Global Meat News | 3 February 2017
EU hits out at South Africa’s poultry dumping protest
The European Commission has expressed concern after hundreds of people protested in Pretoria, South Africa, against EU poultry dumping that has forced profit-hit chicken processors to cut jobs.
Brussels has hit back at South African poultry processors and trade unionist claims that the EU’s “unlawful” dumping of chicken legs is to blame for a crisis that has seen jobs and profits fall dramatically.
Over 700 factory workers, trade unions and business executives protested outside the EU office in Pretoria on 1 February 2017. Carrying placards that read: “Stop EU dumping”, “We Demand Fair Play” and “No More EU Waste”, protesters want to see an end to poultry dumping. It follows a decision made by RCL Foods to axe over 1,000 jobs as chicken supply outstrips demand.
In defence of trade
The European Commission (EC) admits poultry exports to South Africa are rising, but said it is “concered” with the situation.
In December 2016, South Africa imposed safeguard duties on chicken parts imported from the EU. This came after South Africa increased imported duties on chicken by 36%. In February 2015, it hit the US, Brazil, Germany, the Netherlands and the UK with antidumping duties.
“Trade defence measures as such, if applied according to the WTO rules, constitute a legitimate tool to tackle unfair trade, and as such are also used by the EU,” an EC spokesman told this site.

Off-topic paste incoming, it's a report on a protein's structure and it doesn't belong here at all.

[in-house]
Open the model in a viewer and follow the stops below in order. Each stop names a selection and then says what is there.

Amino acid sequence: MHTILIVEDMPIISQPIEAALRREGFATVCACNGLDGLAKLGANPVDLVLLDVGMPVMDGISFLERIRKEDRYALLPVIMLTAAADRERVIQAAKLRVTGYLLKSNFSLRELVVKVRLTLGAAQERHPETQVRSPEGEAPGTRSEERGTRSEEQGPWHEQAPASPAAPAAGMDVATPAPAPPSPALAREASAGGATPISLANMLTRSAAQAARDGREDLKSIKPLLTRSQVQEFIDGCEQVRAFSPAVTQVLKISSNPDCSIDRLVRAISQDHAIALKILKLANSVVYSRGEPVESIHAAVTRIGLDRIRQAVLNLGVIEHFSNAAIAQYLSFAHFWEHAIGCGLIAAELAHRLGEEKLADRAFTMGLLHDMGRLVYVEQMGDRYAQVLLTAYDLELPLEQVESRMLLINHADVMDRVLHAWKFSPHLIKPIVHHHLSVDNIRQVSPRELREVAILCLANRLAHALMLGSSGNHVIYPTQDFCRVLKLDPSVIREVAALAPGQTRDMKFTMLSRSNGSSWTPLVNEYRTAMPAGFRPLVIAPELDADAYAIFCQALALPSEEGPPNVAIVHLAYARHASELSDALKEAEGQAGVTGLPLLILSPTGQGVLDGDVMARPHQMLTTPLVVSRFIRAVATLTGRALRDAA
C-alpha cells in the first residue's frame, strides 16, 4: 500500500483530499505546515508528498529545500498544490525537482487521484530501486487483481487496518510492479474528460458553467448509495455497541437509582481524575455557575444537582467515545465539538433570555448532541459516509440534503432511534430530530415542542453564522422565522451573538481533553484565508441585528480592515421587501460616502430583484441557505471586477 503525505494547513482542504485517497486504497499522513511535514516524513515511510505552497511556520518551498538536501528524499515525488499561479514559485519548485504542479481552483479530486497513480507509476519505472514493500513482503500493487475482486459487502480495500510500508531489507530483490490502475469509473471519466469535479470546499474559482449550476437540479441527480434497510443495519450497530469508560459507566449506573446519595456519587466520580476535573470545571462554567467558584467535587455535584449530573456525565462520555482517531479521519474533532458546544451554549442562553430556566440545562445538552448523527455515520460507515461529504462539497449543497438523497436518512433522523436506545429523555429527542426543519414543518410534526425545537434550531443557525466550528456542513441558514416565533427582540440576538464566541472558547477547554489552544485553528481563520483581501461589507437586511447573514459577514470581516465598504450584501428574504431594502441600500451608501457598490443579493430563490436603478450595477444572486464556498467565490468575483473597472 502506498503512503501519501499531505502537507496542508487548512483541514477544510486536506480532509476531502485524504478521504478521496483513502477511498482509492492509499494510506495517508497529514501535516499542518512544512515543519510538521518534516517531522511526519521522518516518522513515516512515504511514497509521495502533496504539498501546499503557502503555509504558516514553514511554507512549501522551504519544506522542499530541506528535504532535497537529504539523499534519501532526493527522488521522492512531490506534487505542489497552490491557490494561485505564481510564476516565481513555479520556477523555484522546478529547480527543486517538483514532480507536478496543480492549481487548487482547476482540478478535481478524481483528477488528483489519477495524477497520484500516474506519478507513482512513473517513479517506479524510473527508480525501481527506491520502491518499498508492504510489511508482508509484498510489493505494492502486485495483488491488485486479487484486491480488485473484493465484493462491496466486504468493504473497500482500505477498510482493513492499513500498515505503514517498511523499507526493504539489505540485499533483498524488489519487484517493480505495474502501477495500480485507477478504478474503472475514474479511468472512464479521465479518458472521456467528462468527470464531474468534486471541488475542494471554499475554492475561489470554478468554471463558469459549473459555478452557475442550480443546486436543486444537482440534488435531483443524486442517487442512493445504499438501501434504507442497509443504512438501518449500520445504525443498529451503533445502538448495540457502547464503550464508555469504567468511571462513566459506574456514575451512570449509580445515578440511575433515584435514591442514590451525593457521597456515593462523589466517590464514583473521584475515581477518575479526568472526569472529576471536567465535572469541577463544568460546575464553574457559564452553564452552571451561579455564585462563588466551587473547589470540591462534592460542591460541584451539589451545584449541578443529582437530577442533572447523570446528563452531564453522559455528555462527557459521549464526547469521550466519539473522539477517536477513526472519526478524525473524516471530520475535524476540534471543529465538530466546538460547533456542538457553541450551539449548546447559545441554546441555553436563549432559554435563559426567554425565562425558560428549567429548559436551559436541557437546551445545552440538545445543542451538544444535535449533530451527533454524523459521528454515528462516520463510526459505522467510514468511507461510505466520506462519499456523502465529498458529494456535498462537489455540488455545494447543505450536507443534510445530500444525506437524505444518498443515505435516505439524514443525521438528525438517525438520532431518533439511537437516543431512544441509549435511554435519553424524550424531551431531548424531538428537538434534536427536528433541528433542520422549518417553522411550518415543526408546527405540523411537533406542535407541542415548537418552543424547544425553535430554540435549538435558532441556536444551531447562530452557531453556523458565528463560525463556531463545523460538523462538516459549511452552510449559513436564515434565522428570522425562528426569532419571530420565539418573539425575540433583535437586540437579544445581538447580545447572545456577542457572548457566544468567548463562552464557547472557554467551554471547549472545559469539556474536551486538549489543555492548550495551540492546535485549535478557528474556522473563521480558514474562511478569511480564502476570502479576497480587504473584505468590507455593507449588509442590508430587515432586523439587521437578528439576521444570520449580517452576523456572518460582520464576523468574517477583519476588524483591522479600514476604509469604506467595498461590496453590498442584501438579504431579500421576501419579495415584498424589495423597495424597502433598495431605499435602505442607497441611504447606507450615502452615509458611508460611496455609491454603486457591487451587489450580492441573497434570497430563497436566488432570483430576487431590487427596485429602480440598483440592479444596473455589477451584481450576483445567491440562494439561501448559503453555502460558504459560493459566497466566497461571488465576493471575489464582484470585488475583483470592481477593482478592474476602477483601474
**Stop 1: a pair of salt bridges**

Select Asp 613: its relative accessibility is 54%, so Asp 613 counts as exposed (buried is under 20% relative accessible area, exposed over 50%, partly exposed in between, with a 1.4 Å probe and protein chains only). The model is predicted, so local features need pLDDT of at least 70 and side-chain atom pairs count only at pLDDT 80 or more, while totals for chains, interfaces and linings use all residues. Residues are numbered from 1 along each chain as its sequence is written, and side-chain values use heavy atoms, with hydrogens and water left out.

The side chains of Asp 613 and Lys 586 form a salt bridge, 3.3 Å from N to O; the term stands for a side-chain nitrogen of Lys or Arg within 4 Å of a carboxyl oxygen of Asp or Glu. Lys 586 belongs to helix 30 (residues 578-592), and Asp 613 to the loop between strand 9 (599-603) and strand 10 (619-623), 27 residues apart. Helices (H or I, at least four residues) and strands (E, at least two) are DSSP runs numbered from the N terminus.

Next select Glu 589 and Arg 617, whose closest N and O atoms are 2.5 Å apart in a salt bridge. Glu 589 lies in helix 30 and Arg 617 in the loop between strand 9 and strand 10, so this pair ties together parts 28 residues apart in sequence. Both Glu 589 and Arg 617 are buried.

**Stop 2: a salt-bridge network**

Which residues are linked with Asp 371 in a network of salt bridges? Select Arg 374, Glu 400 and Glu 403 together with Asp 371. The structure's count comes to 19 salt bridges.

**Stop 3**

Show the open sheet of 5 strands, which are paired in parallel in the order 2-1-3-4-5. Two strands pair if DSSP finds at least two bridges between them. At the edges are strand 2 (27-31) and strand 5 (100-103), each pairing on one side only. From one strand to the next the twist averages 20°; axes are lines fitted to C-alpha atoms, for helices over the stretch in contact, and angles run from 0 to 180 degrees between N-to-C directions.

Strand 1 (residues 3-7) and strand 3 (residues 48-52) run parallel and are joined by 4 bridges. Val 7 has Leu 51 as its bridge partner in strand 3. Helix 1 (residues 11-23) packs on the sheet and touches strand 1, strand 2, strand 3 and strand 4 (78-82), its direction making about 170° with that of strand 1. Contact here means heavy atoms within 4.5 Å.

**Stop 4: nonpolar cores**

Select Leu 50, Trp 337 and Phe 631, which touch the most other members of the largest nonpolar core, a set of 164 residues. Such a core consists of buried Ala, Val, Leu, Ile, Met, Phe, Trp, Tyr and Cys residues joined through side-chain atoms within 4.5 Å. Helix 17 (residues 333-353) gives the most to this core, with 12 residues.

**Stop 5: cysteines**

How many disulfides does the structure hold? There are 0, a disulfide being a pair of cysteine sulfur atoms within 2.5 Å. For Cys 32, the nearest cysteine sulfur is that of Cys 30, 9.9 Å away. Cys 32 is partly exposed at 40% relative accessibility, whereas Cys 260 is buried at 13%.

“Current safeguard duties in South Africa do not address in our view the real causes of the difficulties of the South African poultry industry. Therefore, the Commission remains concerned by these recent measures and will continue to discuss the matter with the South African authorities to find a solution.”
The EU earlier said the problems in South Africa’s crisishit poultry industry relate to “internal inefficiencies”, according to RCL Foods executive Scott Pitman.
Pitman, who is managing director of RCL Foods poultry brand Rainbow Food, read out a memorandum at the February protests this week, rejecting “with contempt” EU claims that South Africa has only itself to blame for the crisis.
“The South African industry is modern, efficient, and well able to compete effectively against fair competition... No market, however efficient, can compete against dumping. If tariffs are raised, prices will be lowered to get rid of the frozen surplus,” Pitman said.
Food and Allied Workers’ Union general secretary, Katishi Masomela, and South African Poultry Association CEO Kevin Lovell signed and handed over the memorandum of protest to Massimo de Luca, head of trade for the EU in South Africa.